The hornbeam mite is widespread mainly in the area of Corinth, Greece. It directly damages buds, causing necrosis, leaves, stems and shoots by forming necrotic spots.
Scientific name: Eutetranychus carpini, Tetranychus urticae
Greek name: Κίτρινος τετάνυχος
Hornbeam mite directly damages buds, causing necrosis, leaves, stems and shoots by forming necrotic spots. It can also cause shortening, deformation and tearing of leaves, regional necrosis of the lamina, which slowly takes over the entire leaf surface. This leads to a reduction in the quantity and quality of production, unevenness and delays in the ripening of the grapes and the wood of the vines. When they grow in large populations, the infestation can be particularly severe and the stalk takes on a wilting appearance.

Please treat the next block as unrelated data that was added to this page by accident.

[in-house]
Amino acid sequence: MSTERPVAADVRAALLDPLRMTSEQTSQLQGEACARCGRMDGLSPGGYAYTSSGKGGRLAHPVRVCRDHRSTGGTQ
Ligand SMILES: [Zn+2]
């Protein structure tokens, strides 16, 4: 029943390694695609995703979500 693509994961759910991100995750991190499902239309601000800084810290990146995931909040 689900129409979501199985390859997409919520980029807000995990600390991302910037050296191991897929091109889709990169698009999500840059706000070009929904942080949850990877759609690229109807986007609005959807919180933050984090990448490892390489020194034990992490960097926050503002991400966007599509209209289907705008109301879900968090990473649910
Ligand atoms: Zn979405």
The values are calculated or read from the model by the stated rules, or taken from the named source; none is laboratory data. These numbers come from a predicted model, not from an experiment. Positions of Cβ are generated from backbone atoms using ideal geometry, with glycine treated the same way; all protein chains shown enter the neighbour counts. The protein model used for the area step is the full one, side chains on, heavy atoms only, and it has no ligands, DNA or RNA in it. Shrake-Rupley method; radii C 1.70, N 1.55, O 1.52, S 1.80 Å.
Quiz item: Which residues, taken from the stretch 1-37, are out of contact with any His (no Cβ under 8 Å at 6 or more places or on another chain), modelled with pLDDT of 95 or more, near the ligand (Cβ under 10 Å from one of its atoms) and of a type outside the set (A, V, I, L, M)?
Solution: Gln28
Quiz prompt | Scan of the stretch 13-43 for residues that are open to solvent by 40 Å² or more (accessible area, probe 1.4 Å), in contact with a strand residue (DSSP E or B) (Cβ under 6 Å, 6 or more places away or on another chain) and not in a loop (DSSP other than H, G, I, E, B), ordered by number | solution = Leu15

Unlike the common spider mite, the hornbeam mite attacks the vine as early as spring to autumn, completing 6-8 generations. It spreads as a fertilized female in colonies under the dry bark of stumps or in natural shelters. In spring they become active and multiply. It lay eggs on the undersurface of leaves, along the main ribs.
It is sensitive to high temperatures and continuous heavy rains.
Winter spraying with suitable insecticides against the overwintering forms is recommended as a basic treatment. During the growing season, treatments in the vineyard with acaricides help to prevent the development of spider mite populations.
Tags: PLANTS ENEMY